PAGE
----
Rating: 3 stars
Buy Link: Amazon | All Romance
Caleb Donnithorn has requested the Society for Psychical and Esoteric Research’s help, and sending Jacob van Willigen is their answer. Jacob goes without question as he is loyal to the Society through and through. His orders from Brother Inish are to destroy the machine that Caleb is constructing while acting like he’s really offering Caleb help. He is also informed that Caleb just may be a Watcher—a Grigori—and Jacob is told he may have to destroy Caleb himself.
Once Jacob makes it to the isolated castle and meets the strange inhabitants, he begins to realize there is more going on than it seems. He is drawn to Caleb, but he can’t quite understand why. He makes friends with Victor Frankenstein, and has run-ins with Mary Shelley and Ada Lovelace, as well as Caleb’s wife, Justine. He begins to put some pieces together as he studies Caleb. As he’s drawn further into Caleb’s world, Jacob starts questioning his own memories about his life.
What may be most shocking of all is when Caleb reveals the truth, about himself and about what Jacob truly is. Shaken, Jacob returns to the Society. There, he confronts Brother Inish about what is real and what the Society has kept from Jacob. When Jacob learns what is happening back at castle Donnithorn, he races back, determined to save Caleb if he can.
The Lovely Beast is a strange mix of historical, steampunk, and supernatural. I was really intrigued by the premise, and I very much wanted to like this book. But I have to admit that I spent much of the book simply…lost. I just didn’t understand a lot of what was going on. I had to take numerous breaks, and I just couldn’t get drawn into the story. In fact, if I’m completely honest, I had to make myself finish the book.
The one thing the author does exceptionally well is give us a vivid and fantastic description of the world these characters inhabit. From the pneumatic tubes that carry messages and trains, to the little clockwork devices that clean or heat food, to the boiler systems that heat the house, to the conveyances that people use to get around, Cook draws an incredibly clear picture of the steampunk aspects of this book. I really loved this part, and found myself intrigued and enamored with each new machine or automata revealed. Likewise, Cook has a way of painting the scenes so that I had no trouble visualizing the scenery, the rooms, or each little detail of the surroundings.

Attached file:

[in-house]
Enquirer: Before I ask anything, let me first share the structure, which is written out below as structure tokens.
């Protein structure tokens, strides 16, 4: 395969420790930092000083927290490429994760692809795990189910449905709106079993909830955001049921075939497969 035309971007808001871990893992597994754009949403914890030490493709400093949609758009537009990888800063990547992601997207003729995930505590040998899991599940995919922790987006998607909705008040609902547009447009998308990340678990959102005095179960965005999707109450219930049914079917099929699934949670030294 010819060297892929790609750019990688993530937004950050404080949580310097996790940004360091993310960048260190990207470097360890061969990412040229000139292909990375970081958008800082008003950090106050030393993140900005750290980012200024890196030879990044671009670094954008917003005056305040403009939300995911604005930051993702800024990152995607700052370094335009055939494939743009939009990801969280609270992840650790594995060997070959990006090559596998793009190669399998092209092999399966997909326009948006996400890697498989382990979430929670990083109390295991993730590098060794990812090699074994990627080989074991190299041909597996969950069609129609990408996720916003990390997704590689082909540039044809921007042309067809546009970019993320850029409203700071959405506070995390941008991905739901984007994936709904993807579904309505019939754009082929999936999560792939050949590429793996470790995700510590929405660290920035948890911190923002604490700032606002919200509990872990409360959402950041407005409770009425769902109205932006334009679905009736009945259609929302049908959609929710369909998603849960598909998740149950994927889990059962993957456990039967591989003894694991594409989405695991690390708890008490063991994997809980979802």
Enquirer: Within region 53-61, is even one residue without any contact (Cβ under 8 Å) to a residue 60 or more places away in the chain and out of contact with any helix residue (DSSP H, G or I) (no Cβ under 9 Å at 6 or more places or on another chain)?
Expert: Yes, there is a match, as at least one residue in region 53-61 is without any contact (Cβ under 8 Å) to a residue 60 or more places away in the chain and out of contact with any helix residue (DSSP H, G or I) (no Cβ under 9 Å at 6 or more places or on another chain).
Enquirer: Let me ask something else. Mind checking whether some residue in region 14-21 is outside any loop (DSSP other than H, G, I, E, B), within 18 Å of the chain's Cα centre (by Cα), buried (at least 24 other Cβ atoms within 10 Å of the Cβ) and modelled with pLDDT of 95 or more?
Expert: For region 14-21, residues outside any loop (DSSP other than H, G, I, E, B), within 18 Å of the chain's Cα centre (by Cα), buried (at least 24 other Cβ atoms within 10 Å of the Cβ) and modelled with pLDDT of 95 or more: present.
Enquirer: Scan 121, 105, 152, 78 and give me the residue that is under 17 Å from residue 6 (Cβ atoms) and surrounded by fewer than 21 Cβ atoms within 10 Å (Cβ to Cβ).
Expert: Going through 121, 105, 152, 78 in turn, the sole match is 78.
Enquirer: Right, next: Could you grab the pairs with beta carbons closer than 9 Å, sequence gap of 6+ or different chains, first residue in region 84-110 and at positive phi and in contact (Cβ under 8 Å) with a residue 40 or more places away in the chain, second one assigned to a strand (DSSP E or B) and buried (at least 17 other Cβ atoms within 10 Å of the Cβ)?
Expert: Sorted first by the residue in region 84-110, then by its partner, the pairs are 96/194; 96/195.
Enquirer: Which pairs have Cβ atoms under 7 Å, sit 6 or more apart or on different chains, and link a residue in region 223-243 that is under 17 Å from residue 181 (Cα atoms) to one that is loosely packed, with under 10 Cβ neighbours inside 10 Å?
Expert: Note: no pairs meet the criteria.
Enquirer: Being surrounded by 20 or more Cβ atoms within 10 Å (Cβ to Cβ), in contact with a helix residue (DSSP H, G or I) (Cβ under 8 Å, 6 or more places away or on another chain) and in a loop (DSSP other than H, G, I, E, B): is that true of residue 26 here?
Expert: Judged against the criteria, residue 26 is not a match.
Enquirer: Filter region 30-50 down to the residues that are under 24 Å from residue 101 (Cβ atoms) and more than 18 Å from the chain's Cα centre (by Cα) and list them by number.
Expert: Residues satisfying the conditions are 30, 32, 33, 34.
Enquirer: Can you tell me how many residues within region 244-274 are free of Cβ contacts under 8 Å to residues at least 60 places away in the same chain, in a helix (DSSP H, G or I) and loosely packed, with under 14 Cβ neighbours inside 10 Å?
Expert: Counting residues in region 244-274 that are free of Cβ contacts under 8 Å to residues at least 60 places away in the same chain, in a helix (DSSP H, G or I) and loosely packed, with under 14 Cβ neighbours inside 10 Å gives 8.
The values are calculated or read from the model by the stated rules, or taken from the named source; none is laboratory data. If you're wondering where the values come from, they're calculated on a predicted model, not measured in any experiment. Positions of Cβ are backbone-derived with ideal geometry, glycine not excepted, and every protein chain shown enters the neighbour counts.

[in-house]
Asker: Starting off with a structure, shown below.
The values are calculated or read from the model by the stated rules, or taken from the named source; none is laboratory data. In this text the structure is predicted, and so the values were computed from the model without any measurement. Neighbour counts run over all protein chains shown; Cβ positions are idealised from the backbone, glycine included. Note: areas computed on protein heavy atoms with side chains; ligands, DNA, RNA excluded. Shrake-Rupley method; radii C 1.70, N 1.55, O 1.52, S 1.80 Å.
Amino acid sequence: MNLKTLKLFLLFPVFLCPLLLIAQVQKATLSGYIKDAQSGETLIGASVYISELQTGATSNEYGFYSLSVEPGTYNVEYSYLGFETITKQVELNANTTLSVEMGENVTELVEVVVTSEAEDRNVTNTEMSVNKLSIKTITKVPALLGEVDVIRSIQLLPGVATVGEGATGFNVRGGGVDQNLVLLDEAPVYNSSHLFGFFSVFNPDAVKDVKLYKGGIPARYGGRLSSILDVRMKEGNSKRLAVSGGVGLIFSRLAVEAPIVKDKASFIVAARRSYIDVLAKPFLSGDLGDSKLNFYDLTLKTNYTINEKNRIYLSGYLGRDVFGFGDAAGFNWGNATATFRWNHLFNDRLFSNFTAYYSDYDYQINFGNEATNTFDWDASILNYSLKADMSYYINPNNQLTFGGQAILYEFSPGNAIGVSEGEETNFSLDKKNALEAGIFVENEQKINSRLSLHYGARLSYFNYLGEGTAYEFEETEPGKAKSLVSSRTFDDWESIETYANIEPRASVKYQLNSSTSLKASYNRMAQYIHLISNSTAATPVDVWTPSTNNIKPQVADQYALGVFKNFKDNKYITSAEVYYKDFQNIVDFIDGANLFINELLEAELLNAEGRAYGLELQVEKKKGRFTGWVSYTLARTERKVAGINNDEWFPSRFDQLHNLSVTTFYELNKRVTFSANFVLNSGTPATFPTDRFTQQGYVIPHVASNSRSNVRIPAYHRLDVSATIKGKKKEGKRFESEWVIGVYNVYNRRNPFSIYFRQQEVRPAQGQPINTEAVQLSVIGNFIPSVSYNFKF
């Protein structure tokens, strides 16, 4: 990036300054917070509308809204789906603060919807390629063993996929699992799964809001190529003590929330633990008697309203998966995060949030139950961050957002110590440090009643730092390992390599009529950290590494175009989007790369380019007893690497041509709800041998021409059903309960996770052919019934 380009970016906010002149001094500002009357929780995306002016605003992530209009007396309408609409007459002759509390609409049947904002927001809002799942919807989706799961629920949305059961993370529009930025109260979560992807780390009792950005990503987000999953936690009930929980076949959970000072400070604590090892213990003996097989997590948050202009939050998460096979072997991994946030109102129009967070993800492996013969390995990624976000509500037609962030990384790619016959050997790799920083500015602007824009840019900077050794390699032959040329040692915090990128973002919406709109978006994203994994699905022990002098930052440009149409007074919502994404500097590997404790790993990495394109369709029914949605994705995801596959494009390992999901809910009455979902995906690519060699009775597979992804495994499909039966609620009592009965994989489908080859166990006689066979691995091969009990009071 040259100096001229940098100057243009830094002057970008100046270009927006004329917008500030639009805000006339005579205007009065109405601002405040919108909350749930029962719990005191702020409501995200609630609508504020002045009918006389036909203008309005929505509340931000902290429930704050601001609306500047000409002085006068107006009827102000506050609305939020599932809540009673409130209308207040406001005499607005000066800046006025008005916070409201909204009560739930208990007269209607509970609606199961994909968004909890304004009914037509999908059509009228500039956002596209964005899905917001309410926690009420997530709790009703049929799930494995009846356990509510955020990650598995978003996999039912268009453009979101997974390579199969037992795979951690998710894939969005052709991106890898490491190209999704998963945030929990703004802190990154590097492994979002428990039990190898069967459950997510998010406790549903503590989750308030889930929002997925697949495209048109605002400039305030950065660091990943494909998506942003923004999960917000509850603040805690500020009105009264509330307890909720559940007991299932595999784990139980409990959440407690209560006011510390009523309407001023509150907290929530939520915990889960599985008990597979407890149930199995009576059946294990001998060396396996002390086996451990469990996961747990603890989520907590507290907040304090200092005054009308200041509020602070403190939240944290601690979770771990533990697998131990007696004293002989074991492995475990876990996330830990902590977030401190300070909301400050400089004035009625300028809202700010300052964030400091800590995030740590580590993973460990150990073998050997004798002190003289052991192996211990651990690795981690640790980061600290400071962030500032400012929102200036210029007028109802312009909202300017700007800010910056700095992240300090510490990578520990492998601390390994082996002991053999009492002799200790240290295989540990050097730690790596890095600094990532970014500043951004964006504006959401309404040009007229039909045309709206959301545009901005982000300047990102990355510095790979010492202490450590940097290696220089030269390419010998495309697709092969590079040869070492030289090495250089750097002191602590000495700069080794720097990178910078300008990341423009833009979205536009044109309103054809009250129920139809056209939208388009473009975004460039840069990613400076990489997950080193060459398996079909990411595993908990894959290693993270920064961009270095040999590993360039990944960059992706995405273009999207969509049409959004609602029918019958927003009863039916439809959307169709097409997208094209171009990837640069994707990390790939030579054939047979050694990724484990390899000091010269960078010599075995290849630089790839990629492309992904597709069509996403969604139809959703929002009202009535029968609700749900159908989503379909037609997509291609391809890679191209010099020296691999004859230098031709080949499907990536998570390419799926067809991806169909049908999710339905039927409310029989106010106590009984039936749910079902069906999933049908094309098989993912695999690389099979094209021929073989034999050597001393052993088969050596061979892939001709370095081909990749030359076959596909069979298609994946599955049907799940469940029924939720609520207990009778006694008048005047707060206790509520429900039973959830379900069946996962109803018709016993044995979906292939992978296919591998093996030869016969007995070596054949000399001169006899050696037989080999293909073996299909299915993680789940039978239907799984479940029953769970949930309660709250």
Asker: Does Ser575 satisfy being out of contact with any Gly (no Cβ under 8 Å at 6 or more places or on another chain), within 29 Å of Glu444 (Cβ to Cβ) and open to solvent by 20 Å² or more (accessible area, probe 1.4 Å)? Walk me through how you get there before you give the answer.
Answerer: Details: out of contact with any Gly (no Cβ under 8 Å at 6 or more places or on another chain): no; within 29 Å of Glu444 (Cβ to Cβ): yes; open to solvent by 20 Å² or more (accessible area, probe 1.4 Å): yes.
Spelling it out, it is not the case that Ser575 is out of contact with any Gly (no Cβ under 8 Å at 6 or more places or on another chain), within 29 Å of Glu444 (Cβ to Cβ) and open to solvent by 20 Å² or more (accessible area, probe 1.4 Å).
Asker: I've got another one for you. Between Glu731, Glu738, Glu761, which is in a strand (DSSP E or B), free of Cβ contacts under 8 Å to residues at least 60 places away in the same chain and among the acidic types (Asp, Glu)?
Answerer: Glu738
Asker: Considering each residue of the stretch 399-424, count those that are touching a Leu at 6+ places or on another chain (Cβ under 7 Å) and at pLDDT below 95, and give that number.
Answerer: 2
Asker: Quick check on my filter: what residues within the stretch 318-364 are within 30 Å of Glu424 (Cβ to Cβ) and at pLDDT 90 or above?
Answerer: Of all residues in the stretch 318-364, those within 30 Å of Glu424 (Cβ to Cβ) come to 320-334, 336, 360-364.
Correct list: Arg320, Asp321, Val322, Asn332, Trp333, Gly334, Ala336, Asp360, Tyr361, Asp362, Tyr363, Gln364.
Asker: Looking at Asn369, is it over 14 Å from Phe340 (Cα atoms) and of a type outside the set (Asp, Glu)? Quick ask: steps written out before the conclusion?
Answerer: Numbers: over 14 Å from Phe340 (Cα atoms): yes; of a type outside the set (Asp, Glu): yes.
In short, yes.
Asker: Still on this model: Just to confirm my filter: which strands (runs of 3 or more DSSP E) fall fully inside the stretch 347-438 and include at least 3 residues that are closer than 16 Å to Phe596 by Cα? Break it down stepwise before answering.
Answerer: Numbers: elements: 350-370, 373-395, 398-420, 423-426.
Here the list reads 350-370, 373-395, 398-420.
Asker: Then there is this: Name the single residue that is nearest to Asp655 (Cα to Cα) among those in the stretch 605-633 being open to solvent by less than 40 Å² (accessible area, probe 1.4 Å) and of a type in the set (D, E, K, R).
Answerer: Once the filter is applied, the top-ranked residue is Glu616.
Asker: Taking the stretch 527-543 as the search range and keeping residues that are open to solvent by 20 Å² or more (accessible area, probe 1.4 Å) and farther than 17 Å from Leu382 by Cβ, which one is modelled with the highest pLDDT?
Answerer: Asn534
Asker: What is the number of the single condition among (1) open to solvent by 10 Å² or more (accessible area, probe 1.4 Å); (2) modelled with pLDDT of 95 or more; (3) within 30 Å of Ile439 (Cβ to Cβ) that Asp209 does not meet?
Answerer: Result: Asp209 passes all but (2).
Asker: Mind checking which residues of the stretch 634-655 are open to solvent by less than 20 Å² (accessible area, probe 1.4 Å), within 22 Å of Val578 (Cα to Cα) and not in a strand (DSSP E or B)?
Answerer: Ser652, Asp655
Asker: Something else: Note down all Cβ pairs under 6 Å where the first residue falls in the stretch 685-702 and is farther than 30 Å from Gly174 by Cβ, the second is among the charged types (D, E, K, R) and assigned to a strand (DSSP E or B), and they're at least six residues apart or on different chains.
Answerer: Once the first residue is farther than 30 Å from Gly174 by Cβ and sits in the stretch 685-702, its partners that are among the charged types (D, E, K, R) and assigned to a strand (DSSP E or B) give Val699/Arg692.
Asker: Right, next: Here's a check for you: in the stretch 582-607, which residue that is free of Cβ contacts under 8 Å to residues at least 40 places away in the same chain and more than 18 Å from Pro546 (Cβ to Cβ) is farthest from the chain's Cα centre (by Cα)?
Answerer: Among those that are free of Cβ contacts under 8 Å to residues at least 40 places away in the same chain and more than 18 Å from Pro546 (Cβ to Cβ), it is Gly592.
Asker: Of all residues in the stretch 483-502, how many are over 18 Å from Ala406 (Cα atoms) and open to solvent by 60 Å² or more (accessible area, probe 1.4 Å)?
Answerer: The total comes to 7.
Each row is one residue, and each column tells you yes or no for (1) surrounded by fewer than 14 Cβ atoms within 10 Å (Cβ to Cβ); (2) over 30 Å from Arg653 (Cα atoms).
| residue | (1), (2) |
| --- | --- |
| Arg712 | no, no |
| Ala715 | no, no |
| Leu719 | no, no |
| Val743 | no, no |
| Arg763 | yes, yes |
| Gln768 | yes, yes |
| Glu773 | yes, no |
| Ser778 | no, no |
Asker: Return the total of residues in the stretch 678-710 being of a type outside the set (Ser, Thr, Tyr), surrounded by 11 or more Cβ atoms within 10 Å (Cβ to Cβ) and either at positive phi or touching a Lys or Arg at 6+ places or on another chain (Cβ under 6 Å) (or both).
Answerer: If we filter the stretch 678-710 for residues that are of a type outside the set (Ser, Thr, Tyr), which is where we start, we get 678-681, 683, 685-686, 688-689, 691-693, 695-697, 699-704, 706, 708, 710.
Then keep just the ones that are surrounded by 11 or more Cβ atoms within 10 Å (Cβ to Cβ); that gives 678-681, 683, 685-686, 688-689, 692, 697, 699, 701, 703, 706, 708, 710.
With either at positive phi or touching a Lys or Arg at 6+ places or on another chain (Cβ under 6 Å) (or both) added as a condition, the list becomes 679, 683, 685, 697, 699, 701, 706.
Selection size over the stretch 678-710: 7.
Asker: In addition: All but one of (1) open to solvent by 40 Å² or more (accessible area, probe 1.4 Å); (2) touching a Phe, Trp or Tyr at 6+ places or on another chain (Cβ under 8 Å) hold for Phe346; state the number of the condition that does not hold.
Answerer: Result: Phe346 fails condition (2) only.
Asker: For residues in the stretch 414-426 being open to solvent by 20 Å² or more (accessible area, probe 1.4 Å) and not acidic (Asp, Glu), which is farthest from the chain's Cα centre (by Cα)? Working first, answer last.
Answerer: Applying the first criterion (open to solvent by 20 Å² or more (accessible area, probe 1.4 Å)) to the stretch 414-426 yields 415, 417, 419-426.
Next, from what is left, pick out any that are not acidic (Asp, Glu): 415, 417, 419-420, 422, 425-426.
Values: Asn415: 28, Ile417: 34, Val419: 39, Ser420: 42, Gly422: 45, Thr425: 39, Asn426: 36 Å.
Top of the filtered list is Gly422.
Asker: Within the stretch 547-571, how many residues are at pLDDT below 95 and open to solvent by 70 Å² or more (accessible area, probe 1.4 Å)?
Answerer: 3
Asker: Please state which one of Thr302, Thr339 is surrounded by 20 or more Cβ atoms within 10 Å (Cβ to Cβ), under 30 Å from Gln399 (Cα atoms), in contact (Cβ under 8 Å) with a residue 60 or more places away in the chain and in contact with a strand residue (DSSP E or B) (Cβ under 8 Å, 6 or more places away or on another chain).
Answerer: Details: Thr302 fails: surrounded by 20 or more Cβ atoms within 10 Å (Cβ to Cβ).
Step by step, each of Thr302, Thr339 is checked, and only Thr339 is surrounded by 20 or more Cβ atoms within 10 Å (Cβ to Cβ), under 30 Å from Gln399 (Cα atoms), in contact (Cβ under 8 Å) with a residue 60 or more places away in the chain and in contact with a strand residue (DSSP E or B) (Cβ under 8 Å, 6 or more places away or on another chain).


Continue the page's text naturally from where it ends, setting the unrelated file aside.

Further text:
But sadly, this is the only part of the story that really appealed to me. The narrative jumps back and forth between the different POVs of the MCs, and it is always in the first person. While most chapters and section breaks have a header letting us know in whose head we are, they don’t all have them, and there were times where it took me paragraphs to orient myself. Also, we are treated to portions that are Jacob’s diary entries, portions that are Caleb’s version of a journal, and still others that are, I think, in “real time.” I found this jarring, and it didn’t flow smoothly for me. While a great deal of this book was told in first person present tense, there were moments and scenes that were first person past. It depended on whose head we were in in, or if it was a journal entry or not, but I found it very unsettling and disrupted the storytelling for me.